The Issues Around Newly Licensed Drivers


Motor vehicle collisions are a leading cause of death among Canadians under the age of 24, according to the Traffic Injury Research Foundation1. The main factors in teen driver road crashes include impaired driving (impaired by alcohol or drugs), distracted driving (example: texting while driving) and speed. These issues need to be addressed in any reputable teen safe driving program.

Ford Driving Skills for Life – A Safe Driving Solution

Vehicle Handling Course

Ford Driving Skills for Life was set up to be a critical step in the lifelong learning process of skilled driving, and now Ford has expanded the program into Canada.

Ford Driving Skills for Life (Ford DSFL) was established in 2003 by Ford Motor Company Fund, the Governors Highway Safety Association, and a panel of safety experts to teach newly licensed teens the necessary skills for safe driving beyond what they learn in standard driver education programs. The program is international in scope touching not only Canada, but many areas around the world. The basic premise behind Ford Driving Skills for Life is to provide a step in the learning process, providing new skills and information not currently shared with newly licensed drivers in the basic driver education courses.

Training is conducted using a hands-on curriculum and the entire program is available at no cost. Training conducted under the Ford Driving Skills for Life program addresses the inexperience of young drivers, as well as issues surrounding distracted driving. Over the past ten years the results of this effort have been outstanding.


Areas of Inexperience

Ford DSFL helps young drivers improve their skills in four key areas that are critical factors in vehicle crashes, including:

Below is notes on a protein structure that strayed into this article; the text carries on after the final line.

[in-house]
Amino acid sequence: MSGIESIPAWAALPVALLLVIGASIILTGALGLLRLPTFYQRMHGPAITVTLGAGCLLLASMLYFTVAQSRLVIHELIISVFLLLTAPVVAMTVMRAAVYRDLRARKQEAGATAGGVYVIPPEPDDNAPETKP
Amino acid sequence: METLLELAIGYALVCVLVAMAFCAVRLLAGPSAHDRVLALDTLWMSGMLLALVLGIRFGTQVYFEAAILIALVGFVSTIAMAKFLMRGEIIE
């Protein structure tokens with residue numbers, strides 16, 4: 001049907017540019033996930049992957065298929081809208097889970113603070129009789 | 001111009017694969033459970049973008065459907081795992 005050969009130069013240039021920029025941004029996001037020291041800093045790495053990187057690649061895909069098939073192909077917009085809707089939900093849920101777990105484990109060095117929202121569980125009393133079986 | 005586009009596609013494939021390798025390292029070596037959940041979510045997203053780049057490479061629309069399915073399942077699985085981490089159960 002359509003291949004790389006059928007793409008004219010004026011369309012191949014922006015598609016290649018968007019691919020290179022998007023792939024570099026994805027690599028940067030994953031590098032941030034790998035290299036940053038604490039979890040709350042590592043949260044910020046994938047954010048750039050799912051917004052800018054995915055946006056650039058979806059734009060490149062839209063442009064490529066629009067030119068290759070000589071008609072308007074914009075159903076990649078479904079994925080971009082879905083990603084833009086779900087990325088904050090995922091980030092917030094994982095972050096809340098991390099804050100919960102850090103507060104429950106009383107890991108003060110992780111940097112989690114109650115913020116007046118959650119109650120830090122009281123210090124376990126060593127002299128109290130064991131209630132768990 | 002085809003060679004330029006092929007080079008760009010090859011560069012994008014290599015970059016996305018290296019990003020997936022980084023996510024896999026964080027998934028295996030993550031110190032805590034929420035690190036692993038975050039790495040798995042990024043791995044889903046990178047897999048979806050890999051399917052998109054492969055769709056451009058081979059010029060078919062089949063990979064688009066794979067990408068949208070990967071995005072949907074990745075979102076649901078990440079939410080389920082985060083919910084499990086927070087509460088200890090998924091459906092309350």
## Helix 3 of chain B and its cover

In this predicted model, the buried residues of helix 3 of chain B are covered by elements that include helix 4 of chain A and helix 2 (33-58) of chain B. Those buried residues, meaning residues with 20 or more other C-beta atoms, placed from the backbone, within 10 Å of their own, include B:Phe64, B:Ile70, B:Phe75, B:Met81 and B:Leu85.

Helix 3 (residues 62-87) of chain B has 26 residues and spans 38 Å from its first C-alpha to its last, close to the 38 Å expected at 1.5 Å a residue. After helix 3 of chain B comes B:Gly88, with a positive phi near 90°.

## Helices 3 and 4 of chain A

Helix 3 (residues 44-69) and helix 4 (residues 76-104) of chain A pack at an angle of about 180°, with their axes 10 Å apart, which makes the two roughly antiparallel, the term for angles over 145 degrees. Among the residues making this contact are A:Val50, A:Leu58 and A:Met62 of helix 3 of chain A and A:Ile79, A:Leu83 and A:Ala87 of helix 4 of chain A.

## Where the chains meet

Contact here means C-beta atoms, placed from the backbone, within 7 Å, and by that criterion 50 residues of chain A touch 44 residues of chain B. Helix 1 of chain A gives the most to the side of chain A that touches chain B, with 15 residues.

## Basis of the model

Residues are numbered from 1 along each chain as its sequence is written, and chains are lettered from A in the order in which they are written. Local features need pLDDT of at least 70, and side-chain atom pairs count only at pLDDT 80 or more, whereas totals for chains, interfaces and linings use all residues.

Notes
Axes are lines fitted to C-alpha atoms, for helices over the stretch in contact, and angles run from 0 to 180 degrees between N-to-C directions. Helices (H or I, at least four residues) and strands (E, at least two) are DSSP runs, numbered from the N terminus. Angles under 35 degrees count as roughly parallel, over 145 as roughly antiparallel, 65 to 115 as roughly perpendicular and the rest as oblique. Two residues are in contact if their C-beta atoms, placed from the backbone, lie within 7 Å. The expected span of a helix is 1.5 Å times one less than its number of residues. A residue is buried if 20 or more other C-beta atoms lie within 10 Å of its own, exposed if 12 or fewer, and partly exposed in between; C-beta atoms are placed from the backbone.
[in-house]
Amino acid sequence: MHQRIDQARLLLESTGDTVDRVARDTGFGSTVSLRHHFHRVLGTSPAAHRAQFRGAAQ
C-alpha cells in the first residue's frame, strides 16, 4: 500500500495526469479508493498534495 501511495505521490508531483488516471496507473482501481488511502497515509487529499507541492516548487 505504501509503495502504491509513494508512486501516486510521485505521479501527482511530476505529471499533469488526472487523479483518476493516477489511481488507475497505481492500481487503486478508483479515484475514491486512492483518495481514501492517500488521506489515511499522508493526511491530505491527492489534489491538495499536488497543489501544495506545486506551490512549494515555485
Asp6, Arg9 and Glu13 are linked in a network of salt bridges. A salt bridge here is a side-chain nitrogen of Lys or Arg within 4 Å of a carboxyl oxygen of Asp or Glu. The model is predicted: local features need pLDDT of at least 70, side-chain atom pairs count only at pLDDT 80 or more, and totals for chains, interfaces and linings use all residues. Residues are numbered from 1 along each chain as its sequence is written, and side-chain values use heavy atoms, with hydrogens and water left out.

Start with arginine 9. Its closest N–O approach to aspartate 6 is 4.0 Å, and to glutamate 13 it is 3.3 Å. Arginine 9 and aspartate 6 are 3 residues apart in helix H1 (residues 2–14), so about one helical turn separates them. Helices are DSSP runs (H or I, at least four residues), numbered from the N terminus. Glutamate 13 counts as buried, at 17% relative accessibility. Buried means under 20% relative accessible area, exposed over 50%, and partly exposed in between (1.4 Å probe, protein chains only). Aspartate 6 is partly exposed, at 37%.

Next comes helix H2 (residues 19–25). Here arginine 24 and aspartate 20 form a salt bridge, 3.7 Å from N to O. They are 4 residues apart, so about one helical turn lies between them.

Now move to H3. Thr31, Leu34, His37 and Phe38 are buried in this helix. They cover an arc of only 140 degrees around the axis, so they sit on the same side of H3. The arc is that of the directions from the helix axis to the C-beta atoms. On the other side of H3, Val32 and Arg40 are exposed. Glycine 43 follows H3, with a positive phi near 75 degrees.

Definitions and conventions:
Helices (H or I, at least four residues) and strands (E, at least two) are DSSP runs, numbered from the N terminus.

1) Hazard Recognition

  • The point of no return
  • How to scan for trouble
  • Minimizing distractions
  • Safety zones
  • Minimum vision lead time
  • Approaching and turning left at intersection


2) Vehicle Handling

  • Contact road patches
  • How acceleration, deceleration, braking and turns affect vehicle balance
  • Adjusting to a vehicle's size and weight
  • How to recover from skids in front- and rear-wheel drive vehicles


3) Speed Management

  • Driving at a speed that doesn't endanger or impede others
  • Using proper signals and covering the brake
  • Conventional braking systems versus anti-lock braking (ABS) systems
  • Emergency braking techniques


4) Space Management

  • Maintaining space around, ahead of and behind your vehicle
  • Learning how to adjust speed
  • Maintaining a safe distance between vehicles
  • How to avoid being rear-ended and avoiding a head-on crash

Additionally, the program addresses impaired and distracted driving through the hands-on curriculum.


1. Traffic Injury Research Foundation, Teen Driver Spotlight Infographic, 2013, retrieved from:  DOWNLOAD